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Meds. Co. v. Hospira, Inc. - 827 F.3d 1363 (Fed. Cir. 2016)

Rule:

The Supreme Court's Pfaff decision clarified that the on-sale bar under 35 U.S.C.S. § 102(b) applies when, before the critical date, the claimed invention (1) was the subject of a commercial offer for sale; and (2) was ready for patenting. Pfaff itself focused on the second prong of its newly articulated test—ready for patenting. It held that the "ready for patenting" requirement can be met in at least two ways: (1) proof of a reduction to practice; or (2) drawings or other descriptions sufficiently specific to enable a person of ordinary skill to practice the invention. Pfaff itself said little about the first prong of the two-prong test—what constitutes a patent-defeating "commercial offer for sale"—however. The Court did emphasize that an inventor can both understand and control the timing of the first commercial marketing of his invention, and that a transaction that is experimental in character is distinct from one that is for purposes of such commercial marketing.

Facts:

This suit arises from the submission of two Abbreviated New Drug Applications (ANDAs), ANDA Nos. 90-811 and 90-816, by Defendant Hospira, Inc. In these ANDAs, Hospira sought Food and Drug Administration (FDA) approval to sell generic bivalirudin drug products before the expiration of the patents-in-suit: the '727 patent and the '343 patent. Plaintiff MedCo sued Hospira in the District Court for the District of Delaware, alleging that Hospira's two ANDA filings infringed claims 1-3, 7-10, and 17 of the '727 patent and claims 1-3 and 7-11 of the '343 patent. Defendant Hospira alleged several grounds of invalidity. First, Hospira argued that the invention was sold or offered for sale before the critical date under § 102(b) based on two sets of transactions. Hospira contended that the on-sale bar was triggered when MedCo paid another company to manufacture Angiomax before the critical date. Hospira also contended  that the on-sale bar was triggered because MedCo offered to sell the Angiomax produced according to the patents to its distributor before the critical date.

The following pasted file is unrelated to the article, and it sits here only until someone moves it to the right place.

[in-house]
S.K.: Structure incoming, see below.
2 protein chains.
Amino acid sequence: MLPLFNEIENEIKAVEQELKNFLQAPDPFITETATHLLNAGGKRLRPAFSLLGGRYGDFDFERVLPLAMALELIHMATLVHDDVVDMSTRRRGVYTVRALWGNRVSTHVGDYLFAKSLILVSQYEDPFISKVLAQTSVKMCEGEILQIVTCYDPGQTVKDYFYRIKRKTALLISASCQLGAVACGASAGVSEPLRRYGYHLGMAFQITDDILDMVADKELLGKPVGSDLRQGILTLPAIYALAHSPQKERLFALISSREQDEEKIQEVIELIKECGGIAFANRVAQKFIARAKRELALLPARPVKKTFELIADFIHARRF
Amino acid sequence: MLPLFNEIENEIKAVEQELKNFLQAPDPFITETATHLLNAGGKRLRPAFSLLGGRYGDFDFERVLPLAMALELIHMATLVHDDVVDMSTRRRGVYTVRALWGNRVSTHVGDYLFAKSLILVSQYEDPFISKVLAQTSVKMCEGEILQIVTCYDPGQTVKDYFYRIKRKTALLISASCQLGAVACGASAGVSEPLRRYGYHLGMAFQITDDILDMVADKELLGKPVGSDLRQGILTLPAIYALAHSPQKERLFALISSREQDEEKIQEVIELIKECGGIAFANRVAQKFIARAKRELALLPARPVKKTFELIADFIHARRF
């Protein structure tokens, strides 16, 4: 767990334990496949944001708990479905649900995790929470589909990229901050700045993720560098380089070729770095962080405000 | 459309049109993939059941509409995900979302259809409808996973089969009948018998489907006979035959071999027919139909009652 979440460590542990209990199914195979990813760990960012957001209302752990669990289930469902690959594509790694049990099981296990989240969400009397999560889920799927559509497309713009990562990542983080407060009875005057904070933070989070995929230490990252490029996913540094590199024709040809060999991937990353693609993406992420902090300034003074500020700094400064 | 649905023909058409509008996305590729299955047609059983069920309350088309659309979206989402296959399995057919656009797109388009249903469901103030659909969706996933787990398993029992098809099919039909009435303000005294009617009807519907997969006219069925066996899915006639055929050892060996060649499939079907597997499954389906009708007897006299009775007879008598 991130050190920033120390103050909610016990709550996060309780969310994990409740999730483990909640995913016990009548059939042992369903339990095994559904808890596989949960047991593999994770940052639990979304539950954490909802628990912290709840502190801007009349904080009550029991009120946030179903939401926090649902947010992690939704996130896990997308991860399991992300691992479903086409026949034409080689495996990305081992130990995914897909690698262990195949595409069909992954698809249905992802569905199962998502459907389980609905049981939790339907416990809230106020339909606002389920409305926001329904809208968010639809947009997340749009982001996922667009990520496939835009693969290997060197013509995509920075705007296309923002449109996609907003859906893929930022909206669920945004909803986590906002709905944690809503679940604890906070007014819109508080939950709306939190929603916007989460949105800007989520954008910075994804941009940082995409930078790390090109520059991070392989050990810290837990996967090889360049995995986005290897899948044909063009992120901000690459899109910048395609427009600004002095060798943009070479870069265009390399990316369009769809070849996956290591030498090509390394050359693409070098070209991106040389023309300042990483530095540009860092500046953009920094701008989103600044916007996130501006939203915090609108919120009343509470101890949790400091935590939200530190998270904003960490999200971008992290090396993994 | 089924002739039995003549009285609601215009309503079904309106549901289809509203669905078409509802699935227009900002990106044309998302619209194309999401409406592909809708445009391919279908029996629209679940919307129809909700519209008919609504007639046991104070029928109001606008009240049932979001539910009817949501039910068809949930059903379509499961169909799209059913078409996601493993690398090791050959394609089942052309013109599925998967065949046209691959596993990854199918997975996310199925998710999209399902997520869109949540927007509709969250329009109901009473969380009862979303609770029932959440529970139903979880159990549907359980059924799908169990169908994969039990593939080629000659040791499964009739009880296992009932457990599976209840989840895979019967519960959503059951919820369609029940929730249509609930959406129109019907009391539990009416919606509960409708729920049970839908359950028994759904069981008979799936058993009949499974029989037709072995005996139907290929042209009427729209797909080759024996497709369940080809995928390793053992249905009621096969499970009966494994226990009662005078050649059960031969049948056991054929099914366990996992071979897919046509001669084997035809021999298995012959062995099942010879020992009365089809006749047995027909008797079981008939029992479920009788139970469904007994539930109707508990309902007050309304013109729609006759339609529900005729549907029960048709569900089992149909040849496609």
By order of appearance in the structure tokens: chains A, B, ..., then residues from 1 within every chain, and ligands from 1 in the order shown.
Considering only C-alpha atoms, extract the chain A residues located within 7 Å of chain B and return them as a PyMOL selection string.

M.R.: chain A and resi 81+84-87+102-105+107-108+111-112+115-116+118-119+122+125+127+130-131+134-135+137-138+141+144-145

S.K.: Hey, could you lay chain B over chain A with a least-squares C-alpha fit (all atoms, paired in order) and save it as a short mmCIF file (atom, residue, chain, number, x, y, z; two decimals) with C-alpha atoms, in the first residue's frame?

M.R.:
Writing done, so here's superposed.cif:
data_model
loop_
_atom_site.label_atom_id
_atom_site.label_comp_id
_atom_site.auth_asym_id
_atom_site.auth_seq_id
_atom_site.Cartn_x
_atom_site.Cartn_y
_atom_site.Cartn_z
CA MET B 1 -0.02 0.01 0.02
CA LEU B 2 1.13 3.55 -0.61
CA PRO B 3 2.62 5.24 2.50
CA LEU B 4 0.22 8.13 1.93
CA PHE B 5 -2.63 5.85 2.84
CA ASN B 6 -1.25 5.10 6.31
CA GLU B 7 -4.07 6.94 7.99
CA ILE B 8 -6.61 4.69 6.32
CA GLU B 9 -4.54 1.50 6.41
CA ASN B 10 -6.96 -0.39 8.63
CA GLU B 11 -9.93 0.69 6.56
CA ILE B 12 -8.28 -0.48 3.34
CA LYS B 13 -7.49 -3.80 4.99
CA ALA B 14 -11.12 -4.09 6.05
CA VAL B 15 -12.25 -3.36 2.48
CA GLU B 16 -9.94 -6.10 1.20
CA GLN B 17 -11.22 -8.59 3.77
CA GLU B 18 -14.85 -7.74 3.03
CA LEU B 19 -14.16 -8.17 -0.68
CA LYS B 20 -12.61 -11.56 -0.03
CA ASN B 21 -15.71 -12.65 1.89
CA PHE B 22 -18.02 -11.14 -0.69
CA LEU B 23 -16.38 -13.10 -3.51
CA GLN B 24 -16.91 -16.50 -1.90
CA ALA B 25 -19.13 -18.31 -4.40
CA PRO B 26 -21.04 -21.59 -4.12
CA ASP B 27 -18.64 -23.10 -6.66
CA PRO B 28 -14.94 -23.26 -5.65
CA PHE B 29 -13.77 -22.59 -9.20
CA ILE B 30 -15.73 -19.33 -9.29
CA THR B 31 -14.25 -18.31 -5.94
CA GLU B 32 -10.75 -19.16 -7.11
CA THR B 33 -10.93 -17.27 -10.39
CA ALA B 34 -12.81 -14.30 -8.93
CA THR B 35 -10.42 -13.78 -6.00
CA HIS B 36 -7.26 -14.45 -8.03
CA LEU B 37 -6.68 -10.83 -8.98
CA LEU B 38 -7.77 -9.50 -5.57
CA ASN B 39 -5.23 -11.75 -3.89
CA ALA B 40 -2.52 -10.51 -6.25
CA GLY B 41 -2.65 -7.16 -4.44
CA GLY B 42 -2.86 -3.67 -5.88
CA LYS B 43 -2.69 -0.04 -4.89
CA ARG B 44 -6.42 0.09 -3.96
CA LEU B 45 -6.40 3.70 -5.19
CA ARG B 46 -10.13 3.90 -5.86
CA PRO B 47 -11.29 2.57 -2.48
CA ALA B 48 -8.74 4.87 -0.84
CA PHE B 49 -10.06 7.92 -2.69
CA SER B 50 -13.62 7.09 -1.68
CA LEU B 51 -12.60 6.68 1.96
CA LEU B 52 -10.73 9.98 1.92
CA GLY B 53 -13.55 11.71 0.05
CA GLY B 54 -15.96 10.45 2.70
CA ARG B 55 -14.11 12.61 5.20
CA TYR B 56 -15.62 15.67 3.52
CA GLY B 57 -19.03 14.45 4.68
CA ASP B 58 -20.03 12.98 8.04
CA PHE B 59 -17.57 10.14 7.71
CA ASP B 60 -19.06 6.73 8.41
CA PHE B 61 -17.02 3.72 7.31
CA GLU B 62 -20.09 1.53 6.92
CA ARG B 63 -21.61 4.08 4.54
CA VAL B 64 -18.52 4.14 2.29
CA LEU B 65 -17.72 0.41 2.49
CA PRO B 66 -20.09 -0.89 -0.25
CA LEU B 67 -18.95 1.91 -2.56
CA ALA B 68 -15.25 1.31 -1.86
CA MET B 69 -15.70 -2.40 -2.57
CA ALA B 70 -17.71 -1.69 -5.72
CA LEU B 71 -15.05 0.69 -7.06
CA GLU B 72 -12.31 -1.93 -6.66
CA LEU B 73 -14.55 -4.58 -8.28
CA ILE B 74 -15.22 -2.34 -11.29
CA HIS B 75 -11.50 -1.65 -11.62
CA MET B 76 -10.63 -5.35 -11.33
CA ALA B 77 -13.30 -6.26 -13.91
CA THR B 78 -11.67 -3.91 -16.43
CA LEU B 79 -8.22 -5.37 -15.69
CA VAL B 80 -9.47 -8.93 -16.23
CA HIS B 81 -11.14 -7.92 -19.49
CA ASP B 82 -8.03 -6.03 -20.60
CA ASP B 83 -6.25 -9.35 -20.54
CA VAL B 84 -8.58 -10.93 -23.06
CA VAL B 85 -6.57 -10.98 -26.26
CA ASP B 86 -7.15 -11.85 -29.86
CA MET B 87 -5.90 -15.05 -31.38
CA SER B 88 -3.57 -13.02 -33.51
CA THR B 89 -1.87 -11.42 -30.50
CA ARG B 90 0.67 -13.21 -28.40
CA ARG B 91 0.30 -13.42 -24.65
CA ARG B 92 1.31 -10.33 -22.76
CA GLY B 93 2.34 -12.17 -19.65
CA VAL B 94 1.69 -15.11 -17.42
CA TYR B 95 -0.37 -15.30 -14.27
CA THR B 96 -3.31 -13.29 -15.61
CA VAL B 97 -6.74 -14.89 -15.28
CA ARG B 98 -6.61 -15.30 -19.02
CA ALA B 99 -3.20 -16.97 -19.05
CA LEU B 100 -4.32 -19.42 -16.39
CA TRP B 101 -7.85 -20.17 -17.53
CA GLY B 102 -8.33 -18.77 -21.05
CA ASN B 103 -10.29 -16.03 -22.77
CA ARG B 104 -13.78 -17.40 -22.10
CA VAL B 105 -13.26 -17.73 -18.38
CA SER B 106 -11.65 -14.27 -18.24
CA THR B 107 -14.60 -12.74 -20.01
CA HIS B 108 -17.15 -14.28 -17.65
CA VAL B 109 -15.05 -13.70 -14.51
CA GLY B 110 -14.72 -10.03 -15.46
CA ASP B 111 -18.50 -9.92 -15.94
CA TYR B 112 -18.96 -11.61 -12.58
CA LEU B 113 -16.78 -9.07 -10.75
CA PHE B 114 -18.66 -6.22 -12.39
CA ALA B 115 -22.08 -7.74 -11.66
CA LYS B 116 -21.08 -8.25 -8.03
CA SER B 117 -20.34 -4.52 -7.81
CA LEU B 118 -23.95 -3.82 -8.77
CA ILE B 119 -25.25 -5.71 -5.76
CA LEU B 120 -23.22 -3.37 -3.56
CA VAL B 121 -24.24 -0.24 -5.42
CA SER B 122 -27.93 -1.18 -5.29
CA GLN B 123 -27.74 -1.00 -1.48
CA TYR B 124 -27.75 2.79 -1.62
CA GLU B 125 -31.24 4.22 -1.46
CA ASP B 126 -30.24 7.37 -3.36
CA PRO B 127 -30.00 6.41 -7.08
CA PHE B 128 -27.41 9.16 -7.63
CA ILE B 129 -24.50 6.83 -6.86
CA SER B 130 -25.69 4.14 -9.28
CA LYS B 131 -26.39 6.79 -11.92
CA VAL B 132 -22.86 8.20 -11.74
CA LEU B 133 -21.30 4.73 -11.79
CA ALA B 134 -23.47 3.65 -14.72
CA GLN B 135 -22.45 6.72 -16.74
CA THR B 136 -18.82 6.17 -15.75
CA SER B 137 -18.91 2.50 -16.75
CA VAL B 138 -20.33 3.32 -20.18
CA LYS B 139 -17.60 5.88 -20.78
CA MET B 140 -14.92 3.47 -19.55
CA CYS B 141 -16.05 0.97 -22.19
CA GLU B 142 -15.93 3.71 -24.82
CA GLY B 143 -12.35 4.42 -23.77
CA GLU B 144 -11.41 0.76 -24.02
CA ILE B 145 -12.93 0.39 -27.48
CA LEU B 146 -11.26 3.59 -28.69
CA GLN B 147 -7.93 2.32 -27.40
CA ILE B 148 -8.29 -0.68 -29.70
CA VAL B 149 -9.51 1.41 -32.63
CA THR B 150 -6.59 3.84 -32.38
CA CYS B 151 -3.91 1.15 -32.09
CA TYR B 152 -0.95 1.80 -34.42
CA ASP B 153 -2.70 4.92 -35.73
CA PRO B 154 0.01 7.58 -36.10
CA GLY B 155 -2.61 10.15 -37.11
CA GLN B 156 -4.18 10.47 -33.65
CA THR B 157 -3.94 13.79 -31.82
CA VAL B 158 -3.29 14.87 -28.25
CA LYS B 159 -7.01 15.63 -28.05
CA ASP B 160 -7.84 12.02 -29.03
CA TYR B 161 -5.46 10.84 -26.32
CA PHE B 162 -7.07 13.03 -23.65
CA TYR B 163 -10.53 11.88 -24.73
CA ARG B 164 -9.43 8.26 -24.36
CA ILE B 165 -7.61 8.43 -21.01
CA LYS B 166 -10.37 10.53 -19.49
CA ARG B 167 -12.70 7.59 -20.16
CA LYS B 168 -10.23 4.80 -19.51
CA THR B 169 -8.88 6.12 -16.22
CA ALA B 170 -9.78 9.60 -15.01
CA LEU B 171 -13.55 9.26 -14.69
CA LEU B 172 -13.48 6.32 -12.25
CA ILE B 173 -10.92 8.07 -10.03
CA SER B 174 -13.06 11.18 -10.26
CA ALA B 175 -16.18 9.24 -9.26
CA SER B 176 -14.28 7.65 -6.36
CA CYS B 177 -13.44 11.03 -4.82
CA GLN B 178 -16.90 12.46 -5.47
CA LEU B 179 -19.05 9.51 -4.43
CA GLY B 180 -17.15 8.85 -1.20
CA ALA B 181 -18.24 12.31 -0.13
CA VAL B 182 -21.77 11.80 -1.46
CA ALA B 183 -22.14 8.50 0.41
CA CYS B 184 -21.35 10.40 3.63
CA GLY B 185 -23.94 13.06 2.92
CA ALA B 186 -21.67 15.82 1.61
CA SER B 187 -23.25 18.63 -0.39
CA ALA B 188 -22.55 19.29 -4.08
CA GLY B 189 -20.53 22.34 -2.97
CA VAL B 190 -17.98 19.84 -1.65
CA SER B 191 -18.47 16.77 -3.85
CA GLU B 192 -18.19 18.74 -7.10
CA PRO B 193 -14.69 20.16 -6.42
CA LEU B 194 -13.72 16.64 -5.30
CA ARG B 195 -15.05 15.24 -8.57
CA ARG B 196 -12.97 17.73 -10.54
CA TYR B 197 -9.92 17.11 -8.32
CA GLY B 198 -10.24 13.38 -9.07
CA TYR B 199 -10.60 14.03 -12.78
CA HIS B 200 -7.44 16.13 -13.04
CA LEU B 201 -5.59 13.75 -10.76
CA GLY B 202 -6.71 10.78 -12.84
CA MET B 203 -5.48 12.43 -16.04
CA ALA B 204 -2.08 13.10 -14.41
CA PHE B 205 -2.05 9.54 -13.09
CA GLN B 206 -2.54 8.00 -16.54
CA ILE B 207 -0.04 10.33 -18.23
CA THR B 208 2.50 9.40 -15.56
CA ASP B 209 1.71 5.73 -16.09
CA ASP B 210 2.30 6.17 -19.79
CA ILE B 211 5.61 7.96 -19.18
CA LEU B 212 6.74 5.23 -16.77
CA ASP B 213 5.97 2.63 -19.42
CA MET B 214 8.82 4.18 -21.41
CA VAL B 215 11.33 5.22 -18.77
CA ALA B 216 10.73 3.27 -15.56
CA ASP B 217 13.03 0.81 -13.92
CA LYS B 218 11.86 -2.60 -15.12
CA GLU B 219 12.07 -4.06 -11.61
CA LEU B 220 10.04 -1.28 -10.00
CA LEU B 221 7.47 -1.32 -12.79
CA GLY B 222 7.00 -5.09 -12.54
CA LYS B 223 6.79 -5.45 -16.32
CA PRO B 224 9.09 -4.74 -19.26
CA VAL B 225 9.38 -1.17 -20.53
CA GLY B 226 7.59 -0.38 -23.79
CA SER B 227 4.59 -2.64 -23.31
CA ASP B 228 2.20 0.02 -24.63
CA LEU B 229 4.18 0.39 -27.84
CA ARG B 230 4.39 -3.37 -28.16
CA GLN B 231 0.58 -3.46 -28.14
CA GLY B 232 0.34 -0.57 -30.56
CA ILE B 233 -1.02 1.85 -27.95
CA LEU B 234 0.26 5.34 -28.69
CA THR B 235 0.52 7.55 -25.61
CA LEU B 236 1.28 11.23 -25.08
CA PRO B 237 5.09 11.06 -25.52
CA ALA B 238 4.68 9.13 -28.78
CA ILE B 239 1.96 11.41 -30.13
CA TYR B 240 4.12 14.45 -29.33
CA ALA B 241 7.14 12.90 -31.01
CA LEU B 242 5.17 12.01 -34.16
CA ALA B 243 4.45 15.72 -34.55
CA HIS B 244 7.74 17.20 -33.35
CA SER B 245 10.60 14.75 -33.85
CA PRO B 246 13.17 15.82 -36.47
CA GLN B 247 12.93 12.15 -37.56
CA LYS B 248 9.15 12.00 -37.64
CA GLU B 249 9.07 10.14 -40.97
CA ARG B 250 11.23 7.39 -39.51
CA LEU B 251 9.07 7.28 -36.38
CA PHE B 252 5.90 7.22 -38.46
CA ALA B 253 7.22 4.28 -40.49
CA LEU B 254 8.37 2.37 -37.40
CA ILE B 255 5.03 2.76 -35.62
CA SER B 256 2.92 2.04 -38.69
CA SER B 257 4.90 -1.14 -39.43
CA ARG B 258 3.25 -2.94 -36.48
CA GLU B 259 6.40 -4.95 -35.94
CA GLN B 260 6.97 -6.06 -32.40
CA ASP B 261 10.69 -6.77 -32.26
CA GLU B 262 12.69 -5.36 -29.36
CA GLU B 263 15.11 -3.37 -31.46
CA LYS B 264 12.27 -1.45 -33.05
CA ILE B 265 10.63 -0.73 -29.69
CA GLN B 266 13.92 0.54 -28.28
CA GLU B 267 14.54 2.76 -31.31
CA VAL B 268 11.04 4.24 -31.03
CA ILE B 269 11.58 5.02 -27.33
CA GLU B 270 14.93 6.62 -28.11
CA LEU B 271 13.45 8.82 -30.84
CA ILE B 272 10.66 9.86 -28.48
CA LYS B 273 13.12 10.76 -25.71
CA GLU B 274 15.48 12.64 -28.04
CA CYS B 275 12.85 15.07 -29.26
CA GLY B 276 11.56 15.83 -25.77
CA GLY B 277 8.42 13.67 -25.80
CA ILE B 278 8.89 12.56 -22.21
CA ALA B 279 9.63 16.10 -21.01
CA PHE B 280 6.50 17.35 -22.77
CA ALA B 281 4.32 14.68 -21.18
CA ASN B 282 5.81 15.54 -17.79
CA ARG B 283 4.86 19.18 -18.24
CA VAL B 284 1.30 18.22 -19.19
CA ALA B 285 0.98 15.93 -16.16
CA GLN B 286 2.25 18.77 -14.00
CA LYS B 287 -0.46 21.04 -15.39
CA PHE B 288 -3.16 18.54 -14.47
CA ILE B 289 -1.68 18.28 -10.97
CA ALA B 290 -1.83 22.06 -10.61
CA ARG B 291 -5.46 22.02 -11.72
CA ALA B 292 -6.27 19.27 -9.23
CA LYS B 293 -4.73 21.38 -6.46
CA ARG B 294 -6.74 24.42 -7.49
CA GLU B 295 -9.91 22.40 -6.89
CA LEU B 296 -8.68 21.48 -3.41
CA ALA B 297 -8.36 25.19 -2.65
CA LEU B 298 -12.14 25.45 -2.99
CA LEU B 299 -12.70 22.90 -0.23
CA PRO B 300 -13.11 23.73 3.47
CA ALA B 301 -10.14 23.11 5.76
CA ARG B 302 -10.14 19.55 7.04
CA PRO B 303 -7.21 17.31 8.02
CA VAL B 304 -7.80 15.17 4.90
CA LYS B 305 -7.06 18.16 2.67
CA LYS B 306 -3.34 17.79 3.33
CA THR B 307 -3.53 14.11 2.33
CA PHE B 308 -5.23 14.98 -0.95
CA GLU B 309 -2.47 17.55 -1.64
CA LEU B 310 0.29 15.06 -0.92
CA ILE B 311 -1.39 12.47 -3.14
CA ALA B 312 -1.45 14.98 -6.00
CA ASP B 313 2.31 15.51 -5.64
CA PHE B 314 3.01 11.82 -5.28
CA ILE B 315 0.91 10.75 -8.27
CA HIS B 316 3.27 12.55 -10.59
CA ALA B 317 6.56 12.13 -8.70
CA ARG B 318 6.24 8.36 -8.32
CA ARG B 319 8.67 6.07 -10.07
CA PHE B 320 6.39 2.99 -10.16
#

Issue:

Were circumstances present under 35 U.S.C.S § 102(b) for the product to be considered as to be "on sale"?

Answer:

No

Conclusion:

The Federal Circuit Court of Appeals affirmed the district court's decision, on modified grounds, regarding inapplicability of on-sale bar. To be "on sale" under § 102(b), a product must be the subject of a commercial sale or offer for sale, and a commercial sale is one that bears the general hallmarks of a sale pursuant to Uniform Commercial Code § 2-106.  No such invalidating commercial sale occurred in this case because the mere sale of manufacturing services, and not the patented drug invention, did not constitute a "commercial sale" of the invention, particularly where title was not transferred. Commercial benefit, even to both parties in a transaction, was not enough to trigger the on-sale bar of § 102(b). Stockpiling by the purchaser of manufacturing services was not improper commercialization under § 102(b).

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